140

I know that Java has a function System.arraycopy(); to copy an array. I was wondering if there is a function in C or C++ to copy an array. I was only able to find implementations to copy an array by using for loops, pointers, etc. But is there a library function that I can use to copy an array?

9
  • 8
    man memmove and man memcpy
    – user142162
    Commented Apr 22, 2013 at 1:06
  • 34
    Don't use memcpy, use std::copy. If your type has a meaningful copy constructor then memcpy will do the wrong thing. Commented Apr 22, 2013 at 1:17
  • 13
    Are you actually trying to learn C and C++ at the same time? They are very different languages.
    – Ferruccio
    Commented Apr 22, 2013 at 1:21
  • 9
    I'm saying this because no one has mentioned it before: In C++ you should use std::vector in almost all cases. There are cases where other containers are usefull too, but i most cases std::vector will be the best option. Don't use raw arrays in C++ and try to avoid std::array unless neccessary.
    – Skalli
    Commented Apr 22, 2013 at 14:27
  • 4
    Pick C or C++. They're very distinct.
    – MD XF
    Commented Dec 6, 2016 at 23:18

14 Answers 14

196

Since you asked for a C++ solution...

#include <algorithm>
#include <iterator>

const int arr_size = 10;
some_type src[arr_size];
// ...
some_type dest[arr_size];
std::copy(std::begin(src), std::end(src), std::begin(dest));
8
  • 4
    erreur: ‘begin’ is not a member of ‘std’ Commented Sep 1, 2014 at 14:35
  • 28
    @David天宇Wong: You're using an old compiler or you didn't include the header. It's in <iterator> Commented Sep 1, 2014 at 17:54
  • 11
    Maybe you should say which includes you need. Is copy in <algorithm> ? Commented Dec 6, 2016 at 23:13
  • 25
    I only ask because if you had to explain that std::begin was in <iterator> that means people are not googling std::begin to find out what header it is in so they are unlikely to google std::copy for the same reason. It makes a better answer if nobody has to ask stuff that is only answered in comments. Maybe I should have just edited the answer instead of prompting you to do it. Commented Dec 8, 2016 at 0:56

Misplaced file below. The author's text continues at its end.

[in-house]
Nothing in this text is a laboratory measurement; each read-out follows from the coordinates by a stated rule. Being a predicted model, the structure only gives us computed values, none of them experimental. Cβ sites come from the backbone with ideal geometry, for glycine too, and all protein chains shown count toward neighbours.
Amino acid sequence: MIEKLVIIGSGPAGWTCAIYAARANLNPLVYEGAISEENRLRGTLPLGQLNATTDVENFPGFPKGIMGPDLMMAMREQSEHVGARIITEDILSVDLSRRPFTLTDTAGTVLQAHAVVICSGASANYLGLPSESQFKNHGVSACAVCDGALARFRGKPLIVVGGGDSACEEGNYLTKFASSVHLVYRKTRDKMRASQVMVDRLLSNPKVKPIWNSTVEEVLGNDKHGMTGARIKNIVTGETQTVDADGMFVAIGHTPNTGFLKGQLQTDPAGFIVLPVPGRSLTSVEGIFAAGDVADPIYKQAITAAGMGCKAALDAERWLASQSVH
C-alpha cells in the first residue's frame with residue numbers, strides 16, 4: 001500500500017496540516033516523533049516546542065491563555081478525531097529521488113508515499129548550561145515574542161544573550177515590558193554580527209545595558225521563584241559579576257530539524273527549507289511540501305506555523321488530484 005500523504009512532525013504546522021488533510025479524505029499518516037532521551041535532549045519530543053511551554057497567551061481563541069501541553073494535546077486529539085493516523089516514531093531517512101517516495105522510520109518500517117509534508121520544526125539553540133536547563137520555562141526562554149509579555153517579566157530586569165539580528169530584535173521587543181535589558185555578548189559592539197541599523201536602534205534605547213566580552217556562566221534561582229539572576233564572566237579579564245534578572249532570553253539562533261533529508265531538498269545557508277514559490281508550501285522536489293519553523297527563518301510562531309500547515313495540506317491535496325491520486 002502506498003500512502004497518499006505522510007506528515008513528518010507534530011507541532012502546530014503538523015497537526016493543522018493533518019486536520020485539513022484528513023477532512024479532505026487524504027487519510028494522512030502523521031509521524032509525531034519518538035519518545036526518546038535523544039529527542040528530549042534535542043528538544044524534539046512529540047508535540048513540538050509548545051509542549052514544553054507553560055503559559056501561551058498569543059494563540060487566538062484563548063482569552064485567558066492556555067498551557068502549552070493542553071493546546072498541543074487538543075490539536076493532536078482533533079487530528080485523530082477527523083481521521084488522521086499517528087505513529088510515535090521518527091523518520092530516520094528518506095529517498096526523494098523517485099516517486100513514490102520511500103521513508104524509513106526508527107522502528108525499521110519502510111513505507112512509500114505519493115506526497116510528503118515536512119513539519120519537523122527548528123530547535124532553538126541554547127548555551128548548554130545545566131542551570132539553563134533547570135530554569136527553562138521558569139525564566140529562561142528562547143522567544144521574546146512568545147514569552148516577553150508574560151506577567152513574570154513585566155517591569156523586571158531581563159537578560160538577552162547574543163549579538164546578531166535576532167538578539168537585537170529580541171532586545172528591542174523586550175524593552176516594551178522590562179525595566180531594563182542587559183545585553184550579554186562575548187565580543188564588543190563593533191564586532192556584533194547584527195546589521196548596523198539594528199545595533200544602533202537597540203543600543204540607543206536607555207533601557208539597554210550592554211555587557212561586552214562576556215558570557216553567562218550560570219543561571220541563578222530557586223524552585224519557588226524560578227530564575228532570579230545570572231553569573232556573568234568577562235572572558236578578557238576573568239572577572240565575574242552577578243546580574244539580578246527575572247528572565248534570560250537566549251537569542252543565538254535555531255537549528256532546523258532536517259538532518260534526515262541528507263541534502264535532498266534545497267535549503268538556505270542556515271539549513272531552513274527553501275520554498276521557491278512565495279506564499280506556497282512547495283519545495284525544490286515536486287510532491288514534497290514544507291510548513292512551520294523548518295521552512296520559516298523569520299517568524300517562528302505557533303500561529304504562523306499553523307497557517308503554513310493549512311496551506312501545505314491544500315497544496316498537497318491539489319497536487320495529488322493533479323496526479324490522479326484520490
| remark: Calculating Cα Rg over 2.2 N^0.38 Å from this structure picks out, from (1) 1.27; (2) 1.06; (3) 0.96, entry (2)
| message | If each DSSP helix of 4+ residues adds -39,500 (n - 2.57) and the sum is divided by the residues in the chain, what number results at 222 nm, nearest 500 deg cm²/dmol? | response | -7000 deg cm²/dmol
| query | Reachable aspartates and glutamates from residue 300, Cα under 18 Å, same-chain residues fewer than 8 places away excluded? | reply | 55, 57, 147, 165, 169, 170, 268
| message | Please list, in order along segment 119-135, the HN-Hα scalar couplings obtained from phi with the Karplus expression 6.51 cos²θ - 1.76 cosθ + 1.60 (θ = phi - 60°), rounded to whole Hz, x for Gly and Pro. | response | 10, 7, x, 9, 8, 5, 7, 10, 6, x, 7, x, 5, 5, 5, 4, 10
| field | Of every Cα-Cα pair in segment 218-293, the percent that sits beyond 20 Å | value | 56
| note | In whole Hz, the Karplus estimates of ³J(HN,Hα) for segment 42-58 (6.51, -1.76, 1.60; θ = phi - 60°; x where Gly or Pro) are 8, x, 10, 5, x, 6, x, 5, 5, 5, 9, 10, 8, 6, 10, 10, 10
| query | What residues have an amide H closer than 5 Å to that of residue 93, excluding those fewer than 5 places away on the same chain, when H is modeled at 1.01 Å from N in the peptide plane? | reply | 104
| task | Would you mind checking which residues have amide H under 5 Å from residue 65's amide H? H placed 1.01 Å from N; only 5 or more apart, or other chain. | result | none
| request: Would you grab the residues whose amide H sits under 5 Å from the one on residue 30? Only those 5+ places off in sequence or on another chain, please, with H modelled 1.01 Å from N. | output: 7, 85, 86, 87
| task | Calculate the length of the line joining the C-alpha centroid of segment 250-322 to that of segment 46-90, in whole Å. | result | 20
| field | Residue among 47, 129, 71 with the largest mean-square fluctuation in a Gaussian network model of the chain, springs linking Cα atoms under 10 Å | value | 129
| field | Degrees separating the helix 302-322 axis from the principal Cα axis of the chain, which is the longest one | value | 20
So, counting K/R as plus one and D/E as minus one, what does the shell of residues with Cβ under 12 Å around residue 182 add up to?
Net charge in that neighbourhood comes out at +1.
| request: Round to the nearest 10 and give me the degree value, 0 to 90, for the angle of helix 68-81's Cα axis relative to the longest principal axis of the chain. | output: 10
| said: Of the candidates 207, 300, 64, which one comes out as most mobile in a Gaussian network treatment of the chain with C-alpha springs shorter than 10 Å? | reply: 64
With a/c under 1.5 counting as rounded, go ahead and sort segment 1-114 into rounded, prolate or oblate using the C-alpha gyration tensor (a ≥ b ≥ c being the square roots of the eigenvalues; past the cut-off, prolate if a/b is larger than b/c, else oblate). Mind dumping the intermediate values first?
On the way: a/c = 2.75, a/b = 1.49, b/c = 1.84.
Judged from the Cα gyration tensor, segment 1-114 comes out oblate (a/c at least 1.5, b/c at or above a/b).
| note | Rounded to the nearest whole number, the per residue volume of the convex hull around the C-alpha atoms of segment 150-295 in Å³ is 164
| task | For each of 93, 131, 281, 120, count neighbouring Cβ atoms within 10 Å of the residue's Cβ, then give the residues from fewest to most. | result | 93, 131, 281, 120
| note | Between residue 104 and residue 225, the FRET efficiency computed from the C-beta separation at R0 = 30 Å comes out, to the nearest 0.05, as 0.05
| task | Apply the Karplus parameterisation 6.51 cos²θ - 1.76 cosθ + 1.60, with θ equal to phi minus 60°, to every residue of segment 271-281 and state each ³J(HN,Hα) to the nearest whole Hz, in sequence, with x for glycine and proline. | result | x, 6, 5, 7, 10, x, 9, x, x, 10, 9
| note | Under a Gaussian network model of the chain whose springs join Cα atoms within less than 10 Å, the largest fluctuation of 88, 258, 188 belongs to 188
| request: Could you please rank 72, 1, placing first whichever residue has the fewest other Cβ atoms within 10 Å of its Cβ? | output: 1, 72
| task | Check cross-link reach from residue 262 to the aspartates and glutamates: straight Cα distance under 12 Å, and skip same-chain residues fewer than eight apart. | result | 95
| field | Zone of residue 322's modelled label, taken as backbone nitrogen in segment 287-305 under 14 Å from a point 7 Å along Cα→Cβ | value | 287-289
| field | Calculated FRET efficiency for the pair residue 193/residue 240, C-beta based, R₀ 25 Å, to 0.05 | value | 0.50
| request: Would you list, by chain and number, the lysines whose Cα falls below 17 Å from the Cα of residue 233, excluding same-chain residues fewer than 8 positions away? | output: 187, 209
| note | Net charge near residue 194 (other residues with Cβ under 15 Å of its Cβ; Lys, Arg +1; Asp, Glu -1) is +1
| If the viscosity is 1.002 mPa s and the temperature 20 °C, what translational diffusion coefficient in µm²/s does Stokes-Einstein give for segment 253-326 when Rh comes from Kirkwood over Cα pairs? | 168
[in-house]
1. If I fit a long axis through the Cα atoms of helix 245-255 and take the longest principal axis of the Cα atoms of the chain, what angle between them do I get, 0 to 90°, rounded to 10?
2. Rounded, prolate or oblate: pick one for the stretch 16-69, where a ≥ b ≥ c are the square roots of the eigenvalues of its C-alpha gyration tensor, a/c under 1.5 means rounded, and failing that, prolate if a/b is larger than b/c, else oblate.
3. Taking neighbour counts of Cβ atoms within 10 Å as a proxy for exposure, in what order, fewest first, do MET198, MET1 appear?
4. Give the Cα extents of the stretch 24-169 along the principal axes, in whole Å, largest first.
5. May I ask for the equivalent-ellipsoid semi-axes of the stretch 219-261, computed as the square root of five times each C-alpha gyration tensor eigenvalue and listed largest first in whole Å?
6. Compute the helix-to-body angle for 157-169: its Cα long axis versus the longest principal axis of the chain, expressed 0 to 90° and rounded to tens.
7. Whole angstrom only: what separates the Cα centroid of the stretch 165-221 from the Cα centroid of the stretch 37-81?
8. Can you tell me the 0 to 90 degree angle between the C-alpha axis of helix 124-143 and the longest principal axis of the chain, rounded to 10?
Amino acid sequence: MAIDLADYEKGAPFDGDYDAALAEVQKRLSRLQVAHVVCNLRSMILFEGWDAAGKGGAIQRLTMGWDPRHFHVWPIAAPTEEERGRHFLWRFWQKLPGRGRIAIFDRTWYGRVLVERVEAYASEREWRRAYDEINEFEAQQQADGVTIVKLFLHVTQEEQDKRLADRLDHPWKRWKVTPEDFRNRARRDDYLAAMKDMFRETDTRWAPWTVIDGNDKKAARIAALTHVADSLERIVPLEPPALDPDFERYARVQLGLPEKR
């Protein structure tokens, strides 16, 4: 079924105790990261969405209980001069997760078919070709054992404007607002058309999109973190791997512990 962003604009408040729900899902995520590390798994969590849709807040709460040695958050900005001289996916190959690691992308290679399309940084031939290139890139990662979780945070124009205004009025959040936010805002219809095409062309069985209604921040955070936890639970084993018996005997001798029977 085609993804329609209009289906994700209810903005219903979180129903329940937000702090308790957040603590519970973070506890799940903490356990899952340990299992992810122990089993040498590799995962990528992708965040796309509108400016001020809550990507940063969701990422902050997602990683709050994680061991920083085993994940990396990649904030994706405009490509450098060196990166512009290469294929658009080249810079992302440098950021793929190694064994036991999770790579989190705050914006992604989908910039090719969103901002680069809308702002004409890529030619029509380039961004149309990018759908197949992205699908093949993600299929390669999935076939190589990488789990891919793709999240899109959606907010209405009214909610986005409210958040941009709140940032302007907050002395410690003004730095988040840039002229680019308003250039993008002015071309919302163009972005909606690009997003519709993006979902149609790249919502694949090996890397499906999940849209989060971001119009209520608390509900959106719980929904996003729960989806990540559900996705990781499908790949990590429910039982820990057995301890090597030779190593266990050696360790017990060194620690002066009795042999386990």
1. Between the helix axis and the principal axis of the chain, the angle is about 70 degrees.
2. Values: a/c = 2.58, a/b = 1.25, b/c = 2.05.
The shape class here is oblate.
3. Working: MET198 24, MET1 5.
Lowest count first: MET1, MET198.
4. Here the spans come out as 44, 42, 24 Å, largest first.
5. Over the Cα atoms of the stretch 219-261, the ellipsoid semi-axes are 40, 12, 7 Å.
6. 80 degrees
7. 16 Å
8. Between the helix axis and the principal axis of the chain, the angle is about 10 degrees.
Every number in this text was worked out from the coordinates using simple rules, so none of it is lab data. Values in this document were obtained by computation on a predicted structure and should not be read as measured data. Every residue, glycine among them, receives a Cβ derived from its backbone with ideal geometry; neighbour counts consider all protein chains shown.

• 7
    you can change begin(src) into src and end(src) into src+arr_size
    – Calvin
    Commented Nov 10, 2018 at 15:57
112

Since C++11, you can copy arrays directly with std::array:

#include <array>
std::array<int, 4> A = {10, 20, 30, 40};
std::array<int, 4> B = A; // Copy array A into array B
4
  • @XAleXOwnZX: The same you would any other type that supports copy assignment. B = A.
    – swalog
    Commented Mar 18, 2015 at 14:11
  • 2
    I think the function is copy A's memory address to B. If I try to copy A's item values to B without changing B's memory address. How can I do that?
    – Aaron Lee
    Commented Apr 26, 2017 at 10:38
  • @Aaron_Lee: I've just tested it, and it genuinely copies the elements into an array in a separate memory location. The array class evidently has its own overload for the assignment operator.
    – Dave Rove
    Commented Oct 21, 2019 at 10:03
  • 17
    You guys realize that no assignment operators appeared in those two lines of code, right? That's the copy constructor that is being called even though the notation looks like the assignment operator. Commented Nov 20, 2019 at 22:18
108

As others have mentioned, in C you would use memcpy. Note however that this does a raw memory copy, so if your data structures have pointer to themselves or to each other, the pointers in the copy will still point to the original objects.

In C++ you can also use memcpy if your array members are POD (that is, essentially types which you could also have used unchanged in C), but in general, memcpy will not be allowed. As others mentioned, the function to use is std::copy.

Having said that, in C++ you rarely should use raw arrays. Instead you should either use one of the standard containers (std::vector is the closest to a built-in array, and also I think the closest to Java arrays — closer than plain C++ arrays, indeed —, but std::deque or std::list may be more appropriate in some cases) or, if you use C++11, std::array which is very close to built-in arrays, but with value semantics like other C++ types. All the types I mentioned here can be copied by assignment or copy construction. Moreover, you can "cross-copy" from opne to another (and even from a built-in array) using iterator syntax.

This gives an overview of the possibilities (I assume all relevant headers have been included):

#include <vector>
int main()
{
  // This works in C and C++
  int a[] = { 1, 2, 3, 4 };
  int b[4];
  memcpy(b, a, 4*sizeof(int)); // int is a POD

  // This is the preferred method to copy raw arrays in C++ and works with all types that can be copied:
  std::copy(a, a+4, b);

  // In C++11, you can also use this:
  std::copy(std::begin(a), std::end(a), std::begin(b));

  // use of vectors
  std::vector<int> va(a, a+4); // copies the content of a into the vector
  std::vector<int> vb = va;    // vb is a copy of va

  // this initialization is only valid in C++11:
  std::vector<int> vc { 5, 6, 7, 8 }; // note: no equal sign!

  // assign vc to vb (valid in all standardized versions of C++)
  vb = vc;

  //alternative assignment, works also if both container types are different